“We talked about the effect of the hunting plain on mythology, this space clearly bounded by a circular horizon with the great dome of heaven above. But what about the people who lived in the dense foliage of the jungle? There’s no dome of the sky, no horizon, no sense of perspective–just trees, trees, trees.”

I paused the interview and continued stitching. Occasionally sewing becomes a kind of active meditation for me. I thought about that phrase “circular horizon with the great dome of heaven above.” It resonated. I allowed the associations to ripple gently on the lake of consciousness. I’m not sure how long before the rings of “circular horizon with the great dome of heaven above” met those of a visual memory of a desert sunrise , but when they did the opening lines of “Never Be Sorry” emerged.

The memory began in the predawn desert of Joshua Tree National Park. My UC Santa Cruz roommates and I had driven down the day before and arrived at night to the campground. I awoke before dawn to a cold so cold that I still compare all colds to that one. Surely it was not actually as cold as some recent winters in NYC, but sleeping on the ground in a flimsy down sleeping bag my feet and hands were painfully frozen, almost burning so that tears started to my eyes. My companions were somehow still sleeping while I stared at the millions of sharp cold stars. Perhaps I could have forgotten my pain if I had been able to pick out constellations, but having lost my central vision when I was in high school, I had never been able to make them out–I could see the stars just as I could see inked letters on a printed page, but without the detail rendered by the fovea, the words and pictures refused me their intelligibility.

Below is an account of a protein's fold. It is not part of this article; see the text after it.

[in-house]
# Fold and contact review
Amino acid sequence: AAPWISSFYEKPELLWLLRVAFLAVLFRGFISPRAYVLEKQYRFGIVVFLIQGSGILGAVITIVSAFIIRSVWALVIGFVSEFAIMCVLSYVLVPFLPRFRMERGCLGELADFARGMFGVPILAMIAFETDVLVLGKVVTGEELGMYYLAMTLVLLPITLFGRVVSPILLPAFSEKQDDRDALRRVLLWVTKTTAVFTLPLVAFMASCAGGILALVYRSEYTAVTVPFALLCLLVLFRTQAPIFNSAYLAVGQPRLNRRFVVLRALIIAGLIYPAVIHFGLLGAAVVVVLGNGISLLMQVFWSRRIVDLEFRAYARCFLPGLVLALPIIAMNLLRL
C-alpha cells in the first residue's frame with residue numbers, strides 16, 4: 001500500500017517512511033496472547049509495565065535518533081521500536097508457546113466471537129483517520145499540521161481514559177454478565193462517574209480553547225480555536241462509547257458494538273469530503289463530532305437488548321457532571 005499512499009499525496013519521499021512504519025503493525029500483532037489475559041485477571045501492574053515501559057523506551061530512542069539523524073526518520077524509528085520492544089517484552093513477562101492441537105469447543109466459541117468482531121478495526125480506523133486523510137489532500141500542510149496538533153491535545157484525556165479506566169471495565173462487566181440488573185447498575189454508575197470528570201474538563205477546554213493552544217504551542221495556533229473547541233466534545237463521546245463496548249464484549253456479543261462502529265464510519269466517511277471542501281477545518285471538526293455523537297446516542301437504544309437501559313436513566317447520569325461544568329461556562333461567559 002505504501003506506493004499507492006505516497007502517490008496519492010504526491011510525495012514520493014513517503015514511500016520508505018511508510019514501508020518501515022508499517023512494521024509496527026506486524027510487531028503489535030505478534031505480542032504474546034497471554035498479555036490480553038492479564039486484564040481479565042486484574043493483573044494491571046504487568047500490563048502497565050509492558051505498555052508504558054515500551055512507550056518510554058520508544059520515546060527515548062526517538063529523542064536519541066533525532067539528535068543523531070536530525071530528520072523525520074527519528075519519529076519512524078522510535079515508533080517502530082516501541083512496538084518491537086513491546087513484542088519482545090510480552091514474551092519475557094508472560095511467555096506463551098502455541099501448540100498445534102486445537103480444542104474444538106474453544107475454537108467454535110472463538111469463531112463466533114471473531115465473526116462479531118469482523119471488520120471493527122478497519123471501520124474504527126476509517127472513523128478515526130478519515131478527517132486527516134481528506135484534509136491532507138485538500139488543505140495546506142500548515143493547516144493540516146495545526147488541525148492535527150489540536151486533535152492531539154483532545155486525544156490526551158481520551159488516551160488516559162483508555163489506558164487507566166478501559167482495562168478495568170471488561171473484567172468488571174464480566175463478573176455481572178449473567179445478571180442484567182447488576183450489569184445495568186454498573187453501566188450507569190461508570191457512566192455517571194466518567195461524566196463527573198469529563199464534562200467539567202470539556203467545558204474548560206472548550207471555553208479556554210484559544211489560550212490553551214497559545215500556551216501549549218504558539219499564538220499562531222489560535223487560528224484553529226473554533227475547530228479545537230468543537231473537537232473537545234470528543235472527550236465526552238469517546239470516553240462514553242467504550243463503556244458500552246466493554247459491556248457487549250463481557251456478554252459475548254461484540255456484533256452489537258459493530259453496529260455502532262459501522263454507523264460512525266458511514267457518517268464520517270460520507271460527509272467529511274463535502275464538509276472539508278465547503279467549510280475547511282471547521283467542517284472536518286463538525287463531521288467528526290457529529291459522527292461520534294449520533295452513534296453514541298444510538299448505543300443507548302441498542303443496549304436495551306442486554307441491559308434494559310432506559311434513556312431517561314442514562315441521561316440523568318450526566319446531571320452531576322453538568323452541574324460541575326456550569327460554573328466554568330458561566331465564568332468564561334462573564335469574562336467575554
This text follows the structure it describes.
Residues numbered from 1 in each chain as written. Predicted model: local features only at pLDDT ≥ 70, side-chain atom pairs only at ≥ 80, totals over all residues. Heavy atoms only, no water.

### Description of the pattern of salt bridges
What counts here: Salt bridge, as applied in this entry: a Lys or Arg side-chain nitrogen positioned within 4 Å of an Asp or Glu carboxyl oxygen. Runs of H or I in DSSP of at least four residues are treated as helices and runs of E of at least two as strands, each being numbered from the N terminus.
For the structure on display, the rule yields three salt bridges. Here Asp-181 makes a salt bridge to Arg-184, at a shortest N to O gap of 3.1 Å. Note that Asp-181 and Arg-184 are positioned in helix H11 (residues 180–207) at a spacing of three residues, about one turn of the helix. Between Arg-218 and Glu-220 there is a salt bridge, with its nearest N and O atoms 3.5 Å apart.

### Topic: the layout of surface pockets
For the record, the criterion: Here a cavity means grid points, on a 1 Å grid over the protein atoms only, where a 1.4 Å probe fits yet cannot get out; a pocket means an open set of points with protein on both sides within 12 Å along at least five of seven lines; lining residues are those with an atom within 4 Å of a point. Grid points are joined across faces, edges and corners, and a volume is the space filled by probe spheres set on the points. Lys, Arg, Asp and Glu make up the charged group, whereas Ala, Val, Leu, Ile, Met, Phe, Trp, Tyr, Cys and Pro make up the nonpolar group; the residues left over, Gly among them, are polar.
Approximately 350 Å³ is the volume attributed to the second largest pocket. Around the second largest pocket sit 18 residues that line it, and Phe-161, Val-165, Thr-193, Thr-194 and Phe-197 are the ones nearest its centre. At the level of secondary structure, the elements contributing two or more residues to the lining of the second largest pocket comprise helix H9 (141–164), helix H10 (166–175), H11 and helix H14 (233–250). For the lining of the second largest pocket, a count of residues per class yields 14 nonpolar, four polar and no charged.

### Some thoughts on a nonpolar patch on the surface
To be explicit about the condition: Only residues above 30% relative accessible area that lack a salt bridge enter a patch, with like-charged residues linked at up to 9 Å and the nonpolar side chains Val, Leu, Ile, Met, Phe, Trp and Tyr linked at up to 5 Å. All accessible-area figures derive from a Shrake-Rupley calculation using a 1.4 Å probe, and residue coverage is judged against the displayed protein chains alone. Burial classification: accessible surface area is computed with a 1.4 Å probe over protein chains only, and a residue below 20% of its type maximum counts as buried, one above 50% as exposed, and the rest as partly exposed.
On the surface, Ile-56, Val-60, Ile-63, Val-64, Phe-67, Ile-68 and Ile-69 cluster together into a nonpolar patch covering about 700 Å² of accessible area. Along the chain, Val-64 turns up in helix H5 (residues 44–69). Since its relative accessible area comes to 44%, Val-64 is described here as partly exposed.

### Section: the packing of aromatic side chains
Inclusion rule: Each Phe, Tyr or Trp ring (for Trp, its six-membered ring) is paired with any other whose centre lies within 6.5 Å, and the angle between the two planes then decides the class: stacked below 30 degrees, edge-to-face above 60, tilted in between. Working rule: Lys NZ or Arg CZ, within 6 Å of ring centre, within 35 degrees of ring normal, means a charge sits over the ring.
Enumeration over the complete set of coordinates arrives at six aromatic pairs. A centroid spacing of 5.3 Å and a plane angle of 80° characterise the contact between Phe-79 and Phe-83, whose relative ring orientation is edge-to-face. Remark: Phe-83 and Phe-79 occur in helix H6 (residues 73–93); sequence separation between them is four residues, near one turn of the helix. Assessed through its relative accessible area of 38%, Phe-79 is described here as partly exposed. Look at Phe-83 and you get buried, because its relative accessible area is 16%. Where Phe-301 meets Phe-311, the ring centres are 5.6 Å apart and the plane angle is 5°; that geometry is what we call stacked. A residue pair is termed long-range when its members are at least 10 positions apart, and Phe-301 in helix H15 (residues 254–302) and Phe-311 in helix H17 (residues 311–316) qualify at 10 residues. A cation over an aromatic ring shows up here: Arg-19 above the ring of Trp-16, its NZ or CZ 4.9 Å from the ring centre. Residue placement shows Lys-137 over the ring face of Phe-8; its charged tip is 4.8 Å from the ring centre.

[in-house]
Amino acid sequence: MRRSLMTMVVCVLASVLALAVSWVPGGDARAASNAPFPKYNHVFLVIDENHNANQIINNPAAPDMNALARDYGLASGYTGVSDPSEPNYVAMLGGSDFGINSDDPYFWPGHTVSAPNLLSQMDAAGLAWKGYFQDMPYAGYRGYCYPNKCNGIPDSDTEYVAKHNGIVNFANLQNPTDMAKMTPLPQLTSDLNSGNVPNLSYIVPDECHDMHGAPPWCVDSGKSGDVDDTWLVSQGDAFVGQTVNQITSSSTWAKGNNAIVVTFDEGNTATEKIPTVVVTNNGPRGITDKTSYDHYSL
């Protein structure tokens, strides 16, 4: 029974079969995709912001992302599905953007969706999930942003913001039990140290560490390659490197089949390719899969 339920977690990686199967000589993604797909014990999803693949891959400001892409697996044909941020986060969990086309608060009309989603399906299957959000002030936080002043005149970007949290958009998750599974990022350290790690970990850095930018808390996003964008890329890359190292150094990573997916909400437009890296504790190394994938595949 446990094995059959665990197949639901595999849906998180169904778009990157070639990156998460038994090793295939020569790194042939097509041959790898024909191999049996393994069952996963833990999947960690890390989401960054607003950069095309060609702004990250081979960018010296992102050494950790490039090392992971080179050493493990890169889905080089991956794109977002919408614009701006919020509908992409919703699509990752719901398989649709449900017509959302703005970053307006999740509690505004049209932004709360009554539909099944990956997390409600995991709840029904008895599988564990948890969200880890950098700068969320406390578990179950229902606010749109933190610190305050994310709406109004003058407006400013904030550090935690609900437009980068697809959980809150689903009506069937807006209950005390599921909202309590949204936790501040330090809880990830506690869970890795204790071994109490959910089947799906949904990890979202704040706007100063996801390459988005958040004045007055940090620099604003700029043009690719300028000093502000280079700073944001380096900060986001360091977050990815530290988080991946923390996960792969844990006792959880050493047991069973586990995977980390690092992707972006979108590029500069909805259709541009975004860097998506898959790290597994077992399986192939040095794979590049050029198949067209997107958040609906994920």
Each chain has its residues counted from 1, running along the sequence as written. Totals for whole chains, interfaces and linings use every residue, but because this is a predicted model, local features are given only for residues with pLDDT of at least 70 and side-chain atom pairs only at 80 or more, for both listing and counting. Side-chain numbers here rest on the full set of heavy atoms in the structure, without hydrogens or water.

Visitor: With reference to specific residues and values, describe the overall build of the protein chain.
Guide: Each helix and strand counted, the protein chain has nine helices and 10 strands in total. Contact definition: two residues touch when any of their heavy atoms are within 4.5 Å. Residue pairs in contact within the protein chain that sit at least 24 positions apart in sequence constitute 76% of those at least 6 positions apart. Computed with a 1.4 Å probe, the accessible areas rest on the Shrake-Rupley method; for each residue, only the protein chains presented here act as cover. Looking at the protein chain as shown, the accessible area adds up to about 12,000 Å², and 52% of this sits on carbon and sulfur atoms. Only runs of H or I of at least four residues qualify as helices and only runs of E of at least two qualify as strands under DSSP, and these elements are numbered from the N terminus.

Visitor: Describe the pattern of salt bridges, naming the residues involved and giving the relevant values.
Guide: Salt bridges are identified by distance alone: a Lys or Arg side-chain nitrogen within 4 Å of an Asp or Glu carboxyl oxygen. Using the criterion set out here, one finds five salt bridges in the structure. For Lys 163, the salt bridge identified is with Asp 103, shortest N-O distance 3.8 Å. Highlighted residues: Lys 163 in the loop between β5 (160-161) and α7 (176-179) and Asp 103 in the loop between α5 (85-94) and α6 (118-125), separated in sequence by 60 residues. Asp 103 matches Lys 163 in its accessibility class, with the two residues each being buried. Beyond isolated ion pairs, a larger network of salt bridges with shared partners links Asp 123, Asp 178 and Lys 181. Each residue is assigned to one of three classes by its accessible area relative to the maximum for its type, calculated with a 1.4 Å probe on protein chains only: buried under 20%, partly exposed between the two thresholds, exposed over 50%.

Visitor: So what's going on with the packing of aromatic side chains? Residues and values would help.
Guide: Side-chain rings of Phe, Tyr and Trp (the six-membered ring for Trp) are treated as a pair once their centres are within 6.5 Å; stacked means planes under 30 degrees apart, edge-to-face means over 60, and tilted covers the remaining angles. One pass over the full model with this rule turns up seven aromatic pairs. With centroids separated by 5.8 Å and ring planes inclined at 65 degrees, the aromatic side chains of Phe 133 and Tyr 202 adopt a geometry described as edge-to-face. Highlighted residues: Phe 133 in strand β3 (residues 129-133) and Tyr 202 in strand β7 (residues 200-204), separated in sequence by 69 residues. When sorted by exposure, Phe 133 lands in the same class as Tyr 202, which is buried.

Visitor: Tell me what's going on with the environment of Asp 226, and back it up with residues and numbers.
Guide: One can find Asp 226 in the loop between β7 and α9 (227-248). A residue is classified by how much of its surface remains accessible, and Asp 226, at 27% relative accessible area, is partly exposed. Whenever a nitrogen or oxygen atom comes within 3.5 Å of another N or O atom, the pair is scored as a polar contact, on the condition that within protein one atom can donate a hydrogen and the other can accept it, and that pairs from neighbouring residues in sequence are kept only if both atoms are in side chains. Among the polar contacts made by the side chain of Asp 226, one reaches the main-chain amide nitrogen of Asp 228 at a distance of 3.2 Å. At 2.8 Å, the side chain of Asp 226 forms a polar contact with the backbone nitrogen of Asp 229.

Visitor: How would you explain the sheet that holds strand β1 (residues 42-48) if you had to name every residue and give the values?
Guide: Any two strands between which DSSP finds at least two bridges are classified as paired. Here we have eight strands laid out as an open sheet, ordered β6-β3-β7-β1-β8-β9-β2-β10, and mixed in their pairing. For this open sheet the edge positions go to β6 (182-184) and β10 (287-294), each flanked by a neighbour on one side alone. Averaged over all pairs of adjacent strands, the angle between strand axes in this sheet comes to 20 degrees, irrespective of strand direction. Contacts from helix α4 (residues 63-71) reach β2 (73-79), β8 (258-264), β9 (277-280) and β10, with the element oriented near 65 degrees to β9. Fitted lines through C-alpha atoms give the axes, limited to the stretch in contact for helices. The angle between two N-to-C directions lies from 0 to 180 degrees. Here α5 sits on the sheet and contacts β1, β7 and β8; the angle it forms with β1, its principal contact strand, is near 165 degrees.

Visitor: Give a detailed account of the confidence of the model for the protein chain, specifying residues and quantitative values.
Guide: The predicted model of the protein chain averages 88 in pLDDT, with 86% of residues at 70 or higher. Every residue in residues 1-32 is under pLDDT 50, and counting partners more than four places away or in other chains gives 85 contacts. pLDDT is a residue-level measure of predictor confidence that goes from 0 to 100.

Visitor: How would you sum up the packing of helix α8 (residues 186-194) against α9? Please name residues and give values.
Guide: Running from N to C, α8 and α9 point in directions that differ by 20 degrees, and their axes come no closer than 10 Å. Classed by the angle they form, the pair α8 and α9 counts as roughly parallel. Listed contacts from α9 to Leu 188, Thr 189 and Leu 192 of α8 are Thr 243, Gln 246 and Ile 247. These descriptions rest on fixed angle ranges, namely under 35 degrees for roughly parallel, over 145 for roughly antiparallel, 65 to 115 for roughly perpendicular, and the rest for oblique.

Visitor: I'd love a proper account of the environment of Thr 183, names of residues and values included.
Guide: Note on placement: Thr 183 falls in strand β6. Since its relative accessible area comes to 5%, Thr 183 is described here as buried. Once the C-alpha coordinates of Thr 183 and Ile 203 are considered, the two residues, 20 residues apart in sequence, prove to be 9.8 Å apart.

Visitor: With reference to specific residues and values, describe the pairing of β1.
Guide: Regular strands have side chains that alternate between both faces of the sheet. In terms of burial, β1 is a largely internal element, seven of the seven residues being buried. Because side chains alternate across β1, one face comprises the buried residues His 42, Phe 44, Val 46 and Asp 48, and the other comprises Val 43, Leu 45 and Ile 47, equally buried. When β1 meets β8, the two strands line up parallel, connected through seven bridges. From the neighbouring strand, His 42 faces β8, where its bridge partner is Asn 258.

So I stared at those frozen chips of light and thought they might enter my heart and freeze my soul, like what happened to the little boy in The Snow Queen. The sleep breathing of my companions assured me I was not alone, but sometimes that is not enough–one yearns in this lonely universe for conscious companions to witness the pain and creeping fear.